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Phanny is a 46-year-old mother from Cambodia who needs $450 to fund spinal surgery.

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January 15, 2017

Phanny is a married mother with two sons and one daughter. She enjoys cooking and looking after her children.

As a result of multiple falls in the past, Phanny now experiences hip and radicular pain. Radicular pain refers to pain-related symptoms in the lower leg that are often associated with inflammation of a spinal root nerve in the spinal column.

Phanny has stress fractures in her spine. She also has spondylolisthesis, which occurs when one vertebra slips out of place onto the vertebrae below. She experiences back pain, and it is difficult for her to walk.

Together with her husband, Phanny traveled to see surgeons at our medical partner’s care center, Kien Khleang National Rehabilitation Centre. Phanny will undergo spinal surgery on January 16. Surgeons will perform a decompression surgery to remove parts of her spine that are pressing on her nerves. Then, they will stabilize her spine with hardware.

Our medical partner, Children’s Surgical Centre, is requesting $450 to fund this surgery so that Phanny can walk more easily and without pain.

Phanny is a married mother with two sons and one daughter. She enjoys cooking and looking after her children. As a result of multiple fa...

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Phanny's Timeline

  • January 15, 2017

    Phanny was submitted by Evalynn Romano, Stakeholder Relations Officer at Children's Surgical Centre, our medical partner in Cambodia.

  • January 16, 2017

    Phanny received treatment at Kien Khleang National Rehabilitation Centre.

  • January 18, 2017

    Phanny's profile was published to start raising funds.

  • March 02, 2017

    Awaiting Phanny's treatment update from Children's Surgical Centre.


    Phanny is currently raising funds for her treatment.

Funded by 8 donors

Funded by 8 donors

Joint Arthrodesis
  • Cost Breakdown
  • Diagnosis
  • Procedure
On average, it costs $450 for Phanny's treatment
Hospital Fees
Medical Staff
  • Symptoms
  • Impact on patient's life
  • Cultural or regional significance

​What kinds of symptoms do patients experience before receiving treatment?

Arthrodesis is the abolition and fusion of a joint via surgical means. For example, the knee joint is obliterated to join the femur to the tibia. This is done to relieve intractable pain that cannot be managed by pain medication, splints, or other treatments. The typical causes of such pain are fractures, severe sprains, infections, and arthritis. Arthrodesis is most commonly performed on joints in the spine, hand, ankle, and foot. This procedure can also be performed on the shoulder, knee, or wrist.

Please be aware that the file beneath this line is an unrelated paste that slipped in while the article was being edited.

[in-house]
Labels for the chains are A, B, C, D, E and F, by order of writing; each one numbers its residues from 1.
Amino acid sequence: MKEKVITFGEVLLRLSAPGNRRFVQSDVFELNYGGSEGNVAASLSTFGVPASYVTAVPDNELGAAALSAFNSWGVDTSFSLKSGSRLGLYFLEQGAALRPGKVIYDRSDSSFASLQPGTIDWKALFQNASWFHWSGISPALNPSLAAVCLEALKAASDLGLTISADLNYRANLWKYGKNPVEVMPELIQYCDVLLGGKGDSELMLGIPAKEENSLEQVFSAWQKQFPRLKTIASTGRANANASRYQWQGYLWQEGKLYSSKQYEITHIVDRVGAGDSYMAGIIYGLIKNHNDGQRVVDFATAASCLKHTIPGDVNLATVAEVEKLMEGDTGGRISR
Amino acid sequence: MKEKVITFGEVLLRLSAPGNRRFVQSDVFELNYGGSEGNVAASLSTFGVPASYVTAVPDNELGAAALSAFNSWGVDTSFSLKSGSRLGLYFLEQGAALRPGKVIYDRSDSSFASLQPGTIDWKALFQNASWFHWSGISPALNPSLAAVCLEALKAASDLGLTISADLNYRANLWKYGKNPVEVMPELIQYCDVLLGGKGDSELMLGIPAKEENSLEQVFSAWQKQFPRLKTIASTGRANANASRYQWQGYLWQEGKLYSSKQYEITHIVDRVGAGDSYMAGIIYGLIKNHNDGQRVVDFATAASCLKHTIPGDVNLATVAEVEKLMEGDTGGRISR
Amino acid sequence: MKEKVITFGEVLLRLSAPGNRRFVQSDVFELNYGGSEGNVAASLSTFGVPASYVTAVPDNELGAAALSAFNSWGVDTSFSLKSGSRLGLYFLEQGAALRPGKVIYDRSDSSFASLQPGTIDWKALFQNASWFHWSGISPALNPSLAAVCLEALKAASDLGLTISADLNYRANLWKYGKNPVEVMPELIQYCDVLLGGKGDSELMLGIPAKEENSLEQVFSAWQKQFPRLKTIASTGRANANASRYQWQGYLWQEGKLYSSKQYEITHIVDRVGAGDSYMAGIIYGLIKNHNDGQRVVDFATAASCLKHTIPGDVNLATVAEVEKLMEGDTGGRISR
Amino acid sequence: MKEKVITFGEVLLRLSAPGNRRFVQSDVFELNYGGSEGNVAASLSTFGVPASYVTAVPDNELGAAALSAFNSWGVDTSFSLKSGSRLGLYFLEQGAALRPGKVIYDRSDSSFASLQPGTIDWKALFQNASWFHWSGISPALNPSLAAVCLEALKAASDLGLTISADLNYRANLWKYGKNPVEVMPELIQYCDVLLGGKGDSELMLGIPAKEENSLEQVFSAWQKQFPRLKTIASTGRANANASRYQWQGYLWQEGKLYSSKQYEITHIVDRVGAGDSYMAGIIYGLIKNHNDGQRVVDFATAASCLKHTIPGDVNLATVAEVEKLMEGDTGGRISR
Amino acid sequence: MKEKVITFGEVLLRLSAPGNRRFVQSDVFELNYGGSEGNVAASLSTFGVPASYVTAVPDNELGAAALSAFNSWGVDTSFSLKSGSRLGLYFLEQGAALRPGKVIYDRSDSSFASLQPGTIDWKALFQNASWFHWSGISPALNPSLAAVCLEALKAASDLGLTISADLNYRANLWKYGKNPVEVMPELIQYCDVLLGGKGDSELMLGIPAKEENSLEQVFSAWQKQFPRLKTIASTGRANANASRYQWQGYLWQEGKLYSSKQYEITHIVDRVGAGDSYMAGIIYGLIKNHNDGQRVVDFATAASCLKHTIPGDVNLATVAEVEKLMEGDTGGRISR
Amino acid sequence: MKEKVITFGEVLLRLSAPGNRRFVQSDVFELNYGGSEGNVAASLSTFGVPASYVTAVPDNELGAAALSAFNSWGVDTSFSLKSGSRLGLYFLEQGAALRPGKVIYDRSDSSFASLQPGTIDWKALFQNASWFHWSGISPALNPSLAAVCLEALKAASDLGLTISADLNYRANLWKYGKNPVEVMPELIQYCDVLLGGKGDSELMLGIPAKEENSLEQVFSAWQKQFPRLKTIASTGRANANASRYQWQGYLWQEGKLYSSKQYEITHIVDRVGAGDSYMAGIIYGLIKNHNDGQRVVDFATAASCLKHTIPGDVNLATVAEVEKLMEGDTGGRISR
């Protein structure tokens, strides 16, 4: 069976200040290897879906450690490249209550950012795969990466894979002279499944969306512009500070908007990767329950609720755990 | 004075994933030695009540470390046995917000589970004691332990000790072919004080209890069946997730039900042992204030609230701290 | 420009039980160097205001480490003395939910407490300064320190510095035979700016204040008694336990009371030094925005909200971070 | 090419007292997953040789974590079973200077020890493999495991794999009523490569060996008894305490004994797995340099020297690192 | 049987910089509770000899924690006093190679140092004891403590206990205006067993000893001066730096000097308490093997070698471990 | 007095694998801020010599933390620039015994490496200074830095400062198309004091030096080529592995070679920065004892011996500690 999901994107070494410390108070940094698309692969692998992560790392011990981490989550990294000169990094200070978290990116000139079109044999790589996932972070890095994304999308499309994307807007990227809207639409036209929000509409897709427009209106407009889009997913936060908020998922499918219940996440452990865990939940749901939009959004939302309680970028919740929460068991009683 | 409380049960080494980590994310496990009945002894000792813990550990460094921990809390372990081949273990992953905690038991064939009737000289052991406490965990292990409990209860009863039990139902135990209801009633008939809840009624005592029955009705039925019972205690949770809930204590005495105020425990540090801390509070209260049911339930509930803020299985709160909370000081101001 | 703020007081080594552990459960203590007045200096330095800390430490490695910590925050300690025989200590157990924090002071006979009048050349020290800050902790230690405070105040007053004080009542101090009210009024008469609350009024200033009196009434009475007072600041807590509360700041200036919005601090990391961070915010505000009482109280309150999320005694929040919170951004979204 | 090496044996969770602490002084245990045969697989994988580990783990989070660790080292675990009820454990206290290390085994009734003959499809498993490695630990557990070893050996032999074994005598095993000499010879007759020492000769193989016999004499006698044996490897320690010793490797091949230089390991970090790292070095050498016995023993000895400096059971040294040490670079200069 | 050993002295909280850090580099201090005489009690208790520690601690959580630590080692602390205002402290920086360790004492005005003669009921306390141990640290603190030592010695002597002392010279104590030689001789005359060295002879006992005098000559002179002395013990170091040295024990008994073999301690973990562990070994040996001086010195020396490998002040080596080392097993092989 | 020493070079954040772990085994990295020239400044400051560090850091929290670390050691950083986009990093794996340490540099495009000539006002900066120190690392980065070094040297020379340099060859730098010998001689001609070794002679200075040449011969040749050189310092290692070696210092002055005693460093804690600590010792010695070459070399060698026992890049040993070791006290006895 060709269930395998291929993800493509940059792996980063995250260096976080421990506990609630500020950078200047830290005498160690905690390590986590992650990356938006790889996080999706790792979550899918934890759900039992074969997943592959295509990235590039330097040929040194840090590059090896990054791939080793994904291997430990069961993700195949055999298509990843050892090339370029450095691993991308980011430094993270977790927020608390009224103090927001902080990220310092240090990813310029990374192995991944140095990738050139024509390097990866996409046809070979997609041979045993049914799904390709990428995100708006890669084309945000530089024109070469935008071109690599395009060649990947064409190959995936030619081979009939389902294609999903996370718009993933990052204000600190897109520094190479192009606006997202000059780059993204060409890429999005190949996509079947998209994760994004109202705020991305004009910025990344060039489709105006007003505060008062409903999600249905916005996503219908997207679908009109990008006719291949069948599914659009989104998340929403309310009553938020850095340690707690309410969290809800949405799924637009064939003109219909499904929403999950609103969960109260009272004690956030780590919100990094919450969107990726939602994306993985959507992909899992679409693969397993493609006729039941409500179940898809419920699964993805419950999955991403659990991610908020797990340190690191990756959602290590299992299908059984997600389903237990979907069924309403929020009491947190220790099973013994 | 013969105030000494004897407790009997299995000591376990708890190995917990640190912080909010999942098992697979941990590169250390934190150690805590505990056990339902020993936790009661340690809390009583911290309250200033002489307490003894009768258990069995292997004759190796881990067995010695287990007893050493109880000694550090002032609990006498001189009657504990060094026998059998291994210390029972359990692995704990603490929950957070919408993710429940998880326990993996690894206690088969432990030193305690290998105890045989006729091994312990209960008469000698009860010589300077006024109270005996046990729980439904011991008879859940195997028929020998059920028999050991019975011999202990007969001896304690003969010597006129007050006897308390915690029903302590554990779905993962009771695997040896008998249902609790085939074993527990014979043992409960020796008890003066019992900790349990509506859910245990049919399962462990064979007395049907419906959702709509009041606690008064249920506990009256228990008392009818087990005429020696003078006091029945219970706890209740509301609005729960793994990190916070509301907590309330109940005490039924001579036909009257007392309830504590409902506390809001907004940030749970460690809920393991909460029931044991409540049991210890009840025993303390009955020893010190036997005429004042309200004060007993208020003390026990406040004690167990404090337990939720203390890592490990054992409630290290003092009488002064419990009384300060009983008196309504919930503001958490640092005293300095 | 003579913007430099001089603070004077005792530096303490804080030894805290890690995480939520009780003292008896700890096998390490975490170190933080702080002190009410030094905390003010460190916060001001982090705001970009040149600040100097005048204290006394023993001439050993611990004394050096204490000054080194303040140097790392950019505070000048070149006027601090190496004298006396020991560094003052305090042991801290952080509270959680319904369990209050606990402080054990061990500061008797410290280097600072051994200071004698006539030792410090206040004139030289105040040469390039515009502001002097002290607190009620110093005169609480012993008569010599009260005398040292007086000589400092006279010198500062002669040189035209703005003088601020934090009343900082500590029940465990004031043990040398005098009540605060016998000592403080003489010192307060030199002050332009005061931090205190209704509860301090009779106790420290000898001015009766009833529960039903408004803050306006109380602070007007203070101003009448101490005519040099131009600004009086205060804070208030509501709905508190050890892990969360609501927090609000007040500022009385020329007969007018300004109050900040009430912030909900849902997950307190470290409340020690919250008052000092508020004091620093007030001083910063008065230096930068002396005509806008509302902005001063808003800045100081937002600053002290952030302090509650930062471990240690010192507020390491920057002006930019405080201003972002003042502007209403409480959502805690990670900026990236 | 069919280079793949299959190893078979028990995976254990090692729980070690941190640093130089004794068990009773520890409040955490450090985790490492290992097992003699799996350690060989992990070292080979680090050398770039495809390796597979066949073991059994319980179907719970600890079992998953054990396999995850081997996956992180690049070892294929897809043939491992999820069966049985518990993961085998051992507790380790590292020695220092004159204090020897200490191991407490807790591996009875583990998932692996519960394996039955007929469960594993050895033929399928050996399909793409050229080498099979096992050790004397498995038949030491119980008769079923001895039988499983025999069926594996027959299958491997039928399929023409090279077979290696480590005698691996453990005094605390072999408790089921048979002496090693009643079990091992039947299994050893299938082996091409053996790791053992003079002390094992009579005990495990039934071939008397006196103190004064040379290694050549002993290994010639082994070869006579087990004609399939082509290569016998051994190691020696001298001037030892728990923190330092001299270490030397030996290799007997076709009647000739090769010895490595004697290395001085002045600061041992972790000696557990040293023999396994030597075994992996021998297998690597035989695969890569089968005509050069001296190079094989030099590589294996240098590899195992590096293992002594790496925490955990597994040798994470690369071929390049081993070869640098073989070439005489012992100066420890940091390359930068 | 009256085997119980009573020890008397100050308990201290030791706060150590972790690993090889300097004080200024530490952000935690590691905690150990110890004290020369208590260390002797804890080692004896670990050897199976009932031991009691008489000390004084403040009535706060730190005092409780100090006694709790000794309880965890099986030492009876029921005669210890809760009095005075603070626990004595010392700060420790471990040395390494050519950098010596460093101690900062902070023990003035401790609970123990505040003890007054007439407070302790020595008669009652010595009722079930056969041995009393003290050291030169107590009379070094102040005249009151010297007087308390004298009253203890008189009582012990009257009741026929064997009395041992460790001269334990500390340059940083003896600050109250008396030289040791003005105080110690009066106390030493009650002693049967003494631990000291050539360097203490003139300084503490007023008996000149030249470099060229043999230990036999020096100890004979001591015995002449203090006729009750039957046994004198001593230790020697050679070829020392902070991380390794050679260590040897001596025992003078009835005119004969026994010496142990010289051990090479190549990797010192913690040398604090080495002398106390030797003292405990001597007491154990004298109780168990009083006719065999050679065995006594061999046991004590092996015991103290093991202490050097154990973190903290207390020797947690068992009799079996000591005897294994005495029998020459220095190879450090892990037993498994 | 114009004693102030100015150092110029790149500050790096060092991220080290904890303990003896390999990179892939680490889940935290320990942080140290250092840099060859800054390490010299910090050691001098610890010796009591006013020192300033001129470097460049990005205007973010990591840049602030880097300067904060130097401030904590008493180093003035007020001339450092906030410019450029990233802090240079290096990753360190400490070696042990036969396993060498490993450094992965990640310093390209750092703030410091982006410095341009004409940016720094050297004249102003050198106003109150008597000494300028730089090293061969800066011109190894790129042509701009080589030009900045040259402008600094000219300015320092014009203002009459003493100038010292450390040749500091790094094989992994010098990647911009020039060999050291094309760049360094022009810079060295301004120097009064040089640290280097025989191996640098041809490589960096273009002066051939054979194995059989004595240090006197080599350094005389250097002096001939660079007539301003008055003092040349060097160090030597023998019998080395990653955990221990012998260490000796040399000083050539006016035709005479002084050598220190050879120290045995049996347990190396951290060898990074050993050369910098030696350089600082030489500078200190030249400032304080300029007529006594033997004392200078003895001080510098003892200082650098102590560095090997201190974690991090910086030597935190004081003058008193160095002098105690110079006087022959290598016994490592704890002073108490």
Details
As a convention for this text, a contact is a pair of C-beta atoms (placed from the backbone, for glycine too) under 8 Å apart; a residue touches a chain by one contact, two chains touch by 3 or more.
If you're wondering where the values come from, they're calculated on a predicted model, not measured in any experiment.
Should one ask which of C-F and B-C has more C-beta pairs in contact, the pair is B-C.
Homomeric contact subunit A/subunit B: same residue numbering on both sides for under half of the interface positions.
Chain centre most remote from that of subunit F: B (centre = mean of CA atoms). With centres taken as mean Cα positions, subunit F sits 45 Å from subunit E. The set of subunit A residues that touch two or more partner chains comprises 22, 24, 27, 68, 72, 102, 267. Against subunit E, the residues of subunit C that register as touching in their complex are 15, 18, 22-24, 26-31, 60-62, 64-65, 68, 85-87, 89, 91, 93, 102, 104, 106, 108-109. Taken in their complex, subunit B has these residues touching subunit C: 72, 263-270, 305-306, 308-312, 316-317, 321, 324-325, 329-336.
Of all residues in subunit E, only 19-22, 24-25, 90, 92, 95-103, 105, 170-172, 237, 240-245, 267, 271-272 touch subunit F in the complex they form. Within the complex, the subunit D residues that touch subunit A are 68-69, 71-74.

​What is the impact on patients’ lives of living with these conditions?

Any painful joint can impair normal function. Moving the legs, arms, or spine may be acutely painful and disabling.

What cultural or regional factors affect the treatment of these conditions?

Patients in Cambodia often neglect pain and other symptoms far longer than patients in America, so their cases become more complex.

  • Process
  • Impact on patient's life
  • Risks and side-effects
  • Accessibility
  • Alternatives

What does the treatment process look like?

There are a number of joint arthrodesis surgeries that a patient might undergo. The patient will be examined, and doctors will create a treatment plan for the affected joint.

What is the impact of this treatment on the patient’s life?

The patient will be rendered pain-free. Of course, the patient will experience limited function in this joint.

What potential side effects or risks come with this treatment?

Surgery performed on the limbs is not risky. However, spinal fusion procedures can entail a lot of blood loss and are inherently more risky.

How accessible is treatment in the area? What is the typical journey like for a patient to receive care?

Joint arthrodesis is not widely available in Cambodia, as there are only a handful of doctors in the country that perform fusions. Usually, people experience months or years of pain before the joint fuses itself or they manage to find a surgeon to treat it appropriately.

What are the alternatives to this treatment?

The alternatives to surgery are bracing or splinting, but these are temporary measures.